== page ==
Comprehension not only of information that is read or heard is weak, but also the basic skills prudent to survival can be compromised.
Skills such as auditory closure, discrimination, synthesis, memory, and sequential auditory memory can be strengthened. By having the students engage in a specific brain training exercise, they can build new neural pathways in their brains and learn to process auditory information correctly.
The Right-Brain Dominant Learner
Most students with learning issues are right-brain dominant. They take in visual and auditory information and it stays on the right side of the brain for the most part, bouncing around instead of crossing the corpus callosum, the bundle of nerve fibers that runs through the center of the brain. The corpus callosum is the integration point between the left and right hemispheres of the brain, and it allows the two sides to communicate with each other.
Sometimes, it serves as a barrier instead of a bridge, and the student becomes "stuck" on one side, usually the right side.
Because of this, these kids are bright, creative, musical, love movement, and often day dream. They love to be creative and learn by "seeing" the whole picture instead of breaking things into bit-by-bit thinking. Kids who are right-brain dominant thrive on using their emotions and are drawn to color, shapes, and pictures. They're good at problem solving and can be expressive.
The Left-Brain Dominant Learner
Students who are left-brain dominant usually have an easier time with academics than their right-brain dominant peers. That's because school now is mostly asking for left-brain dominant activities and learning. Math, phonics, reasoning, bit-by-bit thinking, and organizational skills all lie in the left side of the brain.
But if the student has a difficult time accessing the right hemisphere, he may lack social skills and the ability to problem solve. She may get so hung up on the amount of pencils in her pencil box that she can't function unless they're all lined up in a neat row. He might be rigid and unyielding, talk in a monotone, or lack the ability to read social cues in others.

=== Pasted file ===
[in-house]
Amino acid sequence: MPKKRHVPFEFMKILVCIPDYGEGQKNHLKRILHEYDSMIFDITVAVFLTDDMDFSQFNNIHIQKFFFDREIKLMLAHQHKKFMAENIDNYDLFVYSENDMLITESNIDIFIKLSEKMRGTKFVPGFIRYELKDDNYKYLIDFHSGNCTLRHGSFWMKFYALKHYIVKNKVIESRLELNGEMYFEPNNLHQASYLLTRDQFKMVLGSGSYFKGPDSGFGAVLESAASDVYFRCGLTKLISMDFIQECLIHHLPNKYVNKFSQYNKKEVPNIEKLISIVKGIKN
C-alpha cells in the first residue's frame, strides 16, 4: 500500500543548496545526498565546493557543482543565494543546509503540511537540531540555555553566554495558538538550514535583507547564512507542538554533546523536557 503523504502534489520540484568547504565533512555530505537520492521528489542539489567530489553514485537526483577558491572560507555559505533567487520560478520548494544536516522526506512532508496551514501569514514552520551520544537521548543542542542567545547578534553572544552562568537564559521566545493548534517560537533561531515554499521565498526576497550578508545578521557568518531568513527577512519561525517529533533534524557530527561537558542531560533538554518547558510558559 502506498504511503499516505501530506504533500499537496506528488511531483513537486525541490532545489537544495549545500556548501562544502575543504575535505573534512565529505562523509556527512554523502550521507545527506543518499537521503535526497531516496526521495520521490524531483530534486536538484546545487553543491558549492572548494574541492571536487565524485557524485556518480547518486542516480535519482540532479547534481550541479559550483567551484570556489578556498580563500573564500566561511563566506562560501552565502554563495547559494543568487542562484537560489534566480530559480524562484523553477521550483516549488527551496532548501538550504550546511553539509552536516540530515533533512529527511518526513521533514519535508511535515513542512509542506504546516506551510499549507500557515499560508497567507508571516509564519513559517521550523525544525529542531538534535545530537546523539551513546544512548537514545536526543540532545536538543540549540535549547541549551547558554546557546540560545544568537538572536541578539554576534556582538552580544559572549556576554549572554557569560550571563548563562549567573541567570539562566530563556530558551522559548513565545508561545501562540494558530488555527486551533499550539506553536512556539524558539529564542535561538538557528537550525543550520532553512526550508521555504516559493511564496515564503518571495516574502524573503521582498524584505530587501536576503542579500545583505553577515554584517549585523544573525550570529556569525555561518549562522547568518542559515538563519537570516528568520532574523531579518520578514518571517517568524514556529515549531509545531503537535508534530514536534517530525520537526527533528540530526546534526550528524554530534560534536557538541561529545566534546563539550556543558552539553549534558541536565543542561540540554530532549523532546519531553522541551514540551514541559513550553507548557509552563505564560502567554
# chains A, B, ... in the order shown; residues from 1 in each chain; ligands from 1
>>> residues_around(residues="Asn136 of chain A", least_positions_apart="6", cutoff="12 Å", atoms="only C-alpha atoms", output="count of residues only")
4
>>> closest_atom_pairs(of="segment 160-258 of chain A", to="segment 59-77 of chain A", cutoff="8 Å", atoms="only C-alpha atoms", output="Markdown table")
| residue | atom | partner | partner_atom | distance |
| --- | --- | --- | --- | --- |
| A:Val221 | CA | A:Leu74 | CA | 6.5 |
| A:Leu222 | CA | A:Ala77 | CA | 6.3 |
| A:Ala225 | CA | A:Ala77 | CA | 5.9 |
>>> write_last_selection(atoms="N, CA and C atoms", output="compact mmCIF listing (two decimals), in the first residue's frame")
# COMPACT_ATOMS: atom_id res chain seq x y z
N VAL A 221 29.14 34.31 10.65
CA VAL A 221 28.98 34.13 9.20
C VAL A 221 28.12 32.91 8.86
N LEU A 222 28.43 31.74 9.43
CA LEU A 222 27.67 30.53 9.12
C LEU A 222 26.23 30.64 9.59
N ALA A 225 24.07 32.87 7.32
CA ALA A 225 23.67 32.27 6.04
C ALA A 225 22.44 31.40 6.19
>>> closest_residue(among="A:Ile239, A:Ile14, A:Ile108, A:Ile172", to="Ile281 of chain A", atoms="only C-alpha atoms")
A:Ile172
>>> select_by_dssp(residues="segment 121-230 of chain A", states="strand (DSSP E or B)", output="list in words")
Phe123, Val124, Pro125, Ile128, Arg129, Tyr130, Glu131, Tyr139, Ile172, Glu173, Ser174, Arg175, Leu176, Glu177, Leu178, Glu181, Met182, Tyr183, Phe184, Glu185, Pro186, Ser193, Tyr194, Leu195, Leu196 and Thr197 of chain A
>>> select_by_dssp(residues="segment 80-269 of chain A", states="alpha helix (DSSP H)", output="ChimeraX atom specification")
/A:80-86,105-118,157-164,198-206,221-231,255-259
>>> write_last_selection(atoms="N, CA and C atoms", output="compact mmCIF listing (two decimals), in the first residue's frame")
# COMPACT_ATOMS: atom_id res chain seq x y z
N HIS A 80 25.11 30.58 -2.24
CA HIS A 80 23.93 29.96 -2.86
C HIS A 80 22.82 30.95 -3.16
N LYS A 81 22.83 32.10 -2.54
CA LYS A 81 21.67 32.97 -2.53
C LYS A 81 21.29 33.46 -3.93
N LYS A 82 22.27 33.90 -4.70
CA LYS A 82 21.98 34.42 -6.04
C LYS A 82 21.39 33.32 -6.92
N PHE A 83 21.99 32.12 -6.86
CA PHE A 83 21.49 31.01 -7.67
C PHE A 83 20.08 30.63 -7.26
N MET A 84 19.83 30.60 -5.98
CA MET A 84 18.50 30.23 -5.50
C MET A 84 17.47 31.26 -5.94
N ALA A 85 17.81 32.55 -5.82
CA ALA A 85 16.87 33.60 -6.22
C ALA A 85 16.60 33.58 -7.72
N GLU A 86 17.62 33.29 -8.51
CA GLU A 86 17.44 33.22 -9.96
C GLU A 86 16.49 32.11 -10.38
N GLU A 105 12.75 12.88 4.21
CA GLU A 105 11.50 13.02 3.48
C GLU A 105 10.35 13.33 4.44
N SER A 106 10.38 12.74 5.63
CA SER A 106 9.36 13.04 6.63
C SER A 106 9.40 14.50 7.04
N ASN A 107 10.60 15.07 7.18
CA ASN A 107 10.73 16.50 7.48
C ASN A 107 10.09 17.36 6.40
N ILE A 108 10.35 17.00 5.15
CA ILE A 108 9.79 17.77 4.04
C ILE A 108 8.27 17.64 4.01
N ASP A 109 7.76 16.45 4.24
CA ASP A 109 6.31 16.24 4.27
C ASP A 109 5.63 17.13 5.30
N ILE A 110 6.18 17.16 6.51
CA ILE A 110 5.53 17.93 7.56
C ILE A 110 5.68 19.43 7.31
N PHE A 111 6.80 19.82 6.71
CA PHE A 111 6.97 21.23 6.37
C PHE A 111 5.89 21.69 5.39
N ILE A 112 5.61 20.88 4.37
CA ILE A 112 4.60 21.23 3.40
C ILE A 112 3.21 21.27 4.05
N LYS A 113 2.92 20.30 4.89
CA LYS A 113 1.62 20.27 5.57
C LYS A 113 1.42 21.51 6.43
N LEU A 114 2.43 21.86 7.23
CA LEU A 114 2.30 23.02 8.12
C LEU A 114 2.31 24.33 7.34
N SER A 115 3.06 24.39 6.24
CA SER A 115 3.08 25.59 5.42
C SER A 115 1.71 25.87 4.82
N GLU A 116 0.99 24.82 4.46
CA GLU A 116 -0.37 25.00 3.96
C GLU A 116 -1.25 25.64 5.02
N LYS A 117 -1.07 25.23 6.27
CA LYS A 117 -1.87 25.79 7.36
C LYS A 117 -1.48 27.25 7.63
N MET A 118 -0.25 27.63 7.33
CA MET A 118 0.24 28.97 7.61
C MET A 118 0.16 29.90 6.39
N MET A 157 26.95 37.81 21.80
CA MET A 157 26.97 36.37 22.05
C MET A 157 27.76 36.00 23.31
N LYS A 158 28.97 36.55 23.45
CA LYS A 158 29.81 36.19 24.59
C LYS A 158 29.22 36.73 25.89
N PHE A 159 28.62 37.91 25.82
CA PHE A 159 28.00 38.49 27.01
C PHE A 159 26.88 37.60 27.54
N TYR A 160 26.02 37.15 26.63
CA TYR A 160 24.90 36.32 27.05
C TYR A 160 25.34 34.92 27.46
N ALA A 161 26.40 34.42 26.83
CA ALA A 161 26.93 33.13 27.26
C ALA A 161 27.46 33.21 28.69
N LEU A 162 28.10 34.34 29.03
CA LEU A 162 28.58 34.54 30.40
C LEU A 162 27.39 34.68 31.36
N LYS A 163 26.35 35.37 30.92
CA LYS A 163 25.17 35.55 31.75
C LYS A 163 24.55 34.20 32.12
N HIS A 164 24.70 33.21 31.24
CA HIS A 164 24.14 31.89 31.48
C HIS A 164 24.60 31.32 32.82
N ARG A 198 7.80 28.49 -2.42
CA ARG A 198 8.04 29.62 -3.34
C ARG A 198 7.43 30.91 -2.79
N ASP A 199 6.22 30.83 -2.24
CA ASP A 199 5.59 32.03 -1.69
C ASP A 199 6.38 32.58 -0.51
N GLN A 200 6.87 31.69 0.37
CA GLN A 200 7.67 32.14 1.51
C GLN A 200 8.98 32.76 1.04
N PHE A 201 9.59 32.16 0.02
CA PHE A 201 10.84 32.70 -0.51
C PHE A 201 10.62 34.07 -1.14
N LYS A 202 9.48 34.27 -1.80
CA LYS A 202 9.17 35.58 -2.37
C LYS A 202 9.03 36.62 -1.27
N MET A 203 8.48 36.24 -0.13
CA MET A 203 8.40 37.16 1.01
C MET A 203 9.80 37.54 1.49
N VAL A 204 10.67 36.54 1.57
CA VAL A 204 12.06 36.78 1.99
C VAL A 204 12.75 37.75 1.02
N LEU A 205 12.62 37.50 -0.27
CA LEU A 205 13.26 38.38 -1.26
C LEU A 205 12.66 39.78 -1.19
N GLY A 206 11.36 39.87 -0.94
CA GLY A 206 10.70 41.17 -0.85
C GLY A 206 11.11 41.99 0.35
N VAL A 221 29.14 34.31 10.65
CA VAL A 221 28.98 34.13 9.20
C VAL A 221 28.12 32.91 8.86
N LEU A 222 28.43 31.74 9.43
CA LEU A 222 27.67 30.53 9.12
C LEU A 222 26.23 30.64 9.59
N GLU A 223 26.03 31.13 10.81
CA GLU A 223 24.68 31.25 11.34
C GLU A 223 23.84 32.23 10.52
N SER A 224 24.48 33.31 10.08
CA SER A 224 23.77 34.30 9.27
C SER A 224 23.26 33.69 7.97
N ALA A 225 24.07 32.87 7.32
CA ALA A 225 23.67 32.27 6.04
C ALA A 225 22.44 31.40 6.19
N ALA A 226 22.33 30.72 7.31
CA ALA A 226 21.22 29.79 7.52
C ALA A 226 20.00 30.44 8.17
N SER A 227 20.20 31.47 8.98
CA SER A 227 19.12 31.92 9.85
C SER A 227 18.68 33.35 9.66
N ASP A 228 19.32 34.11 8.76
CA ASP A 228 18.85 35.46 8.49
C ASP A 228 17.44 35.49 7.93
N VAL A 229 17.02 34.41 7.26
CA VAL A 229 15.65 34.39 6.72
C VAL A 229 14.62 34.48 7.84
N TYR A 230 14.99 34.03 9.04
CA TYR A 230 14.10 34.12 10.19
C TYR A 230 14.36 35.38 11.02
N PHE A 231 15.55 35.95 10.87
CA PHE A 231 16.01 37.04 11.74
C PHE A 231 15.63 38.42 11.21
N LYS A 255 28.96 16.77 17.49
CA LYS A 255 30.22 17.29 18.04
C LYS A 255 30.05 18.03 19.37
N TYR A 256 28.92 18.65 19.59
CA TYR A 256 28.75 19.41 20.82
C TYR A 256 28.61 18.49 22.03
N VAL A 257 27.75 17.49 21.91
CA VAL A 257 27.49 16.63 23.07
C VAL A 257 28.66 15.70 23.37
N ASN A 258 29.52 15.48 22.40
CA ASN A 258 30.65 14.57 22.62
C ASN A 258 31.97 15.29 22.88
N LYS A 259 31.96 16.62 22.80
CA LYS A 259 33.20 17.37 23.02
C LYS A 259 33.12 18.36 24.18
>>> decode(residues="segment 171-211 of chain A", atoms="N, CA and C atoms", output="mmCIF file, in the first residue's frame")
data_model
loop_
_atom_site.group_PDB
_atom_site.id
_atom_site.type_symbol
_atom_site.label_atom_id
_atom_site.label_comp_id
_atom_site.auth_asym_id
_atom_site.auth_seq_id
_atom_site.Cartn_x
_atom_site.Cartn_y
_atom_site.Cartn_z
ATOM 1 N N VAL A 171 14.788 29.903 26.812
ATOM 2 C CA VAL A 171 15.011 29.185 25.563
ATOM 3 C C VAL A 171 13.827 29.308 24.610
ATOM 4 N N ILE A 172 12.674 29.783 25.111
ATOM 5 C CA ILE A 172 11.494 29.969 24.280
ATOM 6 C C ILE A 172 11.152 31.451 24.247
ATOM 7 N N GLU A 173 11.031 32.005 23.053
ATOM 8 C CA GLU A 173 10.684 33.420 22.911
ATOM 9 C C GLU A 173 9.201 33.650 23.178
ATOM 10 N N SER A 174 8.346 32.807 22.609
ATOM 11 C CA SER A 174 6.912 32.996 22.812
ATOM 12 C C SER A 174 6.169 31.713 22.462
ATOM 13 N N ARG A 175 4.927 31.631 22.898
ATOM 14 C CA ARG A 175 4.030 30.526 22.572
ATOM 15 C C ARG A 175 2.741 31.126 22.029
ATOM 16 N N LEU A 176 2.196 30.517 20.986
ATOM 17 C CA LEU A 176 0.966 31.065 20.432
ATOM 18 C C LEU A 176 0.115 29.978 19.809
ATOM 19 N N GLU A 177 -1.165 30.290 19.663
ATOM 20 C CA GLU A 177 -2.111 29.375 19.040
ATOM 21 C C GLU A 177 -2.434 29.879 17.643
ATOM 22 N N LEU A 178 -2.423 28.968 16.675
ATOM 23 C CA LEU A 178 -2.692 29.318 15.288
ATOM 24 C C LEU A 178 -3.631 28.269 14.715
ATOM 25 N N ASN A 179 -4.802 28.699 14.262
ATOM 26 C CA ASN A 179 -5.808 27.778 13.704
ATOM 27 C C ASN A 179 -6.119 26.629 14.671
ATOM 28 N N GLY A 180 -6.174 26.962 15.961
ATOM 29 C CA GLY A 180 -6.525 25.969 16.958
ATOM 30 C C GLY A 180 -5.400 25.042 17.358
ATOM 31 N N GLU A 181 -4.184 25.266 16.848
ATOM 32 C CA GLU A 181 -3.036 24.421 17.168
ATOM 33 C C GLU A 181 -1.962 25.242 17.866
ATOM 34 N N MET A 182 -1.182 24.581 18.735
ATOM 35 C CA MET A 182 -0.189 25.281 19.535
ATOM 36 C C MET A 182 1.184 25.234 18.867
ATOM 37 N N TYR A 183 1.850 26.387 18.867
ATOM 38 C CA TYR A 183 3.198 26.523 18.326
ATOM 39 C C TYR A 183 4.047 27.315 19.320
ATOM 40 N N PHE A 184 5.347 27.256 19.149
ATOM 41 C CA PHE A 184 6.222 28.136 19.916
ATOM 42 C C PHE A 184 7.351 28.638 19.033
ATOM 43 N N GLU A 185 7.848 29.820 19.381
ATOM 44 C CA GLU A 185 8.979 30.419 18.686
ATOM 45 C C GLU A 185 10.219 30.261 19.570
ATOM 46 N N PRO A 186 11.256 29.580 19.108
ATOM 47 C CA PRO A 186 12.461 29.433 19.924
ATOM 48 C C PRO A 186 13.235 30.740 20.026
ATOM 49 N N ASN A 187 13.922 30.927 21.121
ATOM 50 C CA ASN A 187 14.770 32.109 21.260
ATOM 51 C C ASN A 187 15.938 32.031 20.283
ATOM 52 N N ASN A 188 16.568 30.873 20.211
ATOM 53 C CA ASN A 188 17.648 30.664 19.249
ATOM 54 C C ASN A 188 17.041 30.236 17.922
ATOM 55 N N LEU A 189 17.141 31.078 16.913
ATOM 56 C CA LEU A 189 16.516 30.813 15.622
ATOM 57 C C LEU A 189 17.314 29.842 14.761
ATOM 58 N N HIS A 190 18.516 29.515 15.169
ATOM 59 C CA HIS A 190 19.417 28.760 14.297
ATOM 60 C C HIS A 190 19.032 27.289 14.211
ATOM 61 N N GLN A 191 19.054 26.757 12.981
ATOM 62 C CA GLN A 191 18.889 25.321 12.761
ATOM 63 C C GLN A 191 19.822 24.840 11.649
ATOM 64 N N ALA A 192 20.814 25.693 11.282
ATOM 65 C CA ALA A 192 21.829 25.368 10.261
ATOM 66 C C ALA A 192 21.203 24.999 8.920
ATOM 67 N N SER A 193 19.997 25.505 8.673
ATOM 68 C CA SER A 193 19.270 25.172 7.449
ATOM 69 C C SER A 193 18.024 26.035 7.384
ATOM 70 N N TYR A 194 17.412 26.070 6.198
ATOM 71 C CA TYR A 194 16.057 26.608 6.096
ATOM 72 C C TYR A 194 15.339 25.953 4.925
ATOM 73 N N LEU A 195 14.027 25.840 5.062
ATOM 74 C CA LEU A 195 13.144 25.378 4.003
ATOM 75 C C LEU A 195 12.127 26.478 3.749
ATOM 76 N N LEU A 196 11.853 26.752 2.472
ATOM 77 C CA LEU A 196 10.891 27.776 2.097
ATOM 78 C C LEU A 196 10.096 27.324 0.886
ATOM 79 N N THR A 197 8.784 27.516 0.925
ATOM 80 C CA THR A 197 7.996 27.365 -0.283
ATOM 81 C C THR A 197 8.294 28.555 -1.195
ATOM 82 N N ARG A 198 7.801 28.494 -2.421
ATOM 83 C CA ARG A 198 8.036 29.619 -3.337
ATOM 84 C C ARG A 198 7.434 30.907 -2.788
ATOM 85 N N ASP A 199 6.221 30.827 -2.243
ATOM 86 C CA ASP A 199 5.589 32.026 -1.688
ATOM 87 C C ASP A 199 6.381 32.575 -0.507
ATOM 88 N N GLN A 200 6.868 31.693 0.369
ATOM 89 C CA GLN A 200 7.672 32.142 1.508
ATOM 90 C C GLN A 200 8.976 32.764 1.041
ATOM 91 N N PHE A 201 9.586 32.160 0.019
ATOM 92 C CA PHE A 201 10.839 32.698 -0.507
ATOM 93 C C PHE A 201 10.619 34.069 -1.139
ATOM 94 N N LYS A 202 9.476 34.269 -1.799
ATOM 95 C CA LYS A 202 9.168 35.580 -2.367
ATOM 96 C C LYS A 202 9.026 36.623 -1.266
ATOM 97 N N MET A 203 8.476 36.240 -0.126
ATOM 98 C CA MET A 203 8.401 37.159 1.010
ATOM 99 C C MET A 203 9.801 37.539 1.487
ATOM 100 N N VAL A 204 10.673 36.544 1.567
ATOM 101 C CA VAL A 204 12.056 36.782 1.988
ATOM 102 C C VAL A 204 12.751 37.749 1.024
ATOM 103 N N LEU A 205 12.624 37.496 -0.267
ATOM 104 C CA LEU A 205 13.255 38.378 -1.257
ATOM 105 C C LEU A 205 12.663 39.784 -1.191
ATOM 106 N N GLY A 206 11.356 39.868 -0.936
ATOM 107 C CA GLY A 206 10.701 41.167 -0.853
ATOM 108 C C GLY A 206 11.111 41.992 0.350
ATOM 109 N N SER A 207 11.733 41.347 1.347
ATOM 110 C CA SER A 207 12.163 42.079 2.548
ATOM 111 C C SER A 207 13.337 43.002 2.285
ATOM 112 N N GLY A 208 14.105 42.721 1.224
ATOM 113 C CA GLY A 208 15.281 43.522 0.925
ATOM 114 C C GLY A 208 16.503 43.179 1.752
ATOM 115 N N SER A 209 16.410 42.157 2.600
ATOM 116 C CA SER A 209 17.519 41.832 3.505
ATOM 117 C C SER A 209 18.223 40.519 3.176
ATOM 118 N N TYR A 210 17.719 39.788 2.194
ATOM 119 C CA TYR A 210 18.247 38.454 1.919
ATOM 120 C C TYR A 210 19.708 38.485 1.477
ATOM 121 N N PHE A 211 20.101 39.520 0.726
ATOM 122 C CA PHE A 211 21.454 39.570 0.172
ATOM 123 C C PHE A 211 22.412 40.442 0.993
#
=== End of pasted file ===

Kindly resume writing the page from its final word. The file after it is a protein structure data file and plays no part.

Many autistic kids are left-brain dominant, and they fail to find humor in normally humorous situations and fail to understand idioms and inferences. Asking them to see the "whole picture" is like asking them to climb Mount Everest. These kids often get so hung up with details that they can't finish an assignment. They are often perfectionists who are extremely hard on themselves.
The Brain "Breakdown"
There are many things that can go wrong with the amazing brain. As we already stated, struggling students can get "caught" in one hemisphere of the brain where the corpus callosum serves as a barrier instead of a bridge.
Sometimes, students get stuck "trying" new skills. Activities like visually discriminating between shapes or processing auditory cues that should have been easy and automated still remain difficult. These kids have to engage in consciously "trying" to do these activities since they never became automatic. There is a "breakdown" in the mechanical process and it is a lot of work for the students to perform these seemingly simple activities. They don't possess the electrical circuitry that would free them up from concentrating on the mechanics, so the task is laborious when it should be so simple that it doesn't require conscious thought. We refer to these kids as "slow processors".
Since the right side of the brain is responsible for movement, especially automatic movement, some students have to be "moving" to learn. These kids seem to be all over the place, and they appear to be "fast processors". Their feet are tapping, their fingers thrum on their desks, they might be humming or saying words as they work, or they might have to be out of their seats to be working.
All too often, these kids are misdiagnosed as having ADHD and placed on potent medications they don't need. If schools and teachers would understand that they need to sit on big balls or wiggle chairs, then everyone would be happy. These kids often need to go to the bathroom a lot, and then teachers and administrators put an end to this. It's too bad, because if these kids were given a short break...like going to the restroom, then they could come back and crank out a lot of work.
The right side of the brain is responsible for emotions. As mentioned before, autistic students often have a difficult time accessing the right side of the brain to understand and process emotions. They get stuck on an idea or injustice and "die on a hill" over it. These kids often have a high moral compass...for someone else's behavior...but they can't see any faults in their own.
On the flip side, kids who are right-brain dominant have an influx of emotions and often have a hard time processing them because it's like a never ending storm. They get stuck in their emotions and don't know how to get out of them.
These kids often feel persecuted and have temper issues. They might be overly sensitive and get their feelings hurt easily. They easily get overwhelmed and are the ones who either dawdle over homework or have fits over having to do it. If they don't understand why they need to do something, they will often either refuse to do it or kick up a fight over it.
But don't despair, these kids have gifts, too. They are often highly perceptive and people will swear they can "read minds" or predict the future. Of course they can't do this, but they have learned how to read other people's emotions. These kids can also "con" you with a sweet smile on their faces. They've learned to do these things as coping mechanisms and often grow up to be successful entrepreneurs.
Integrating Both Halves of the Brain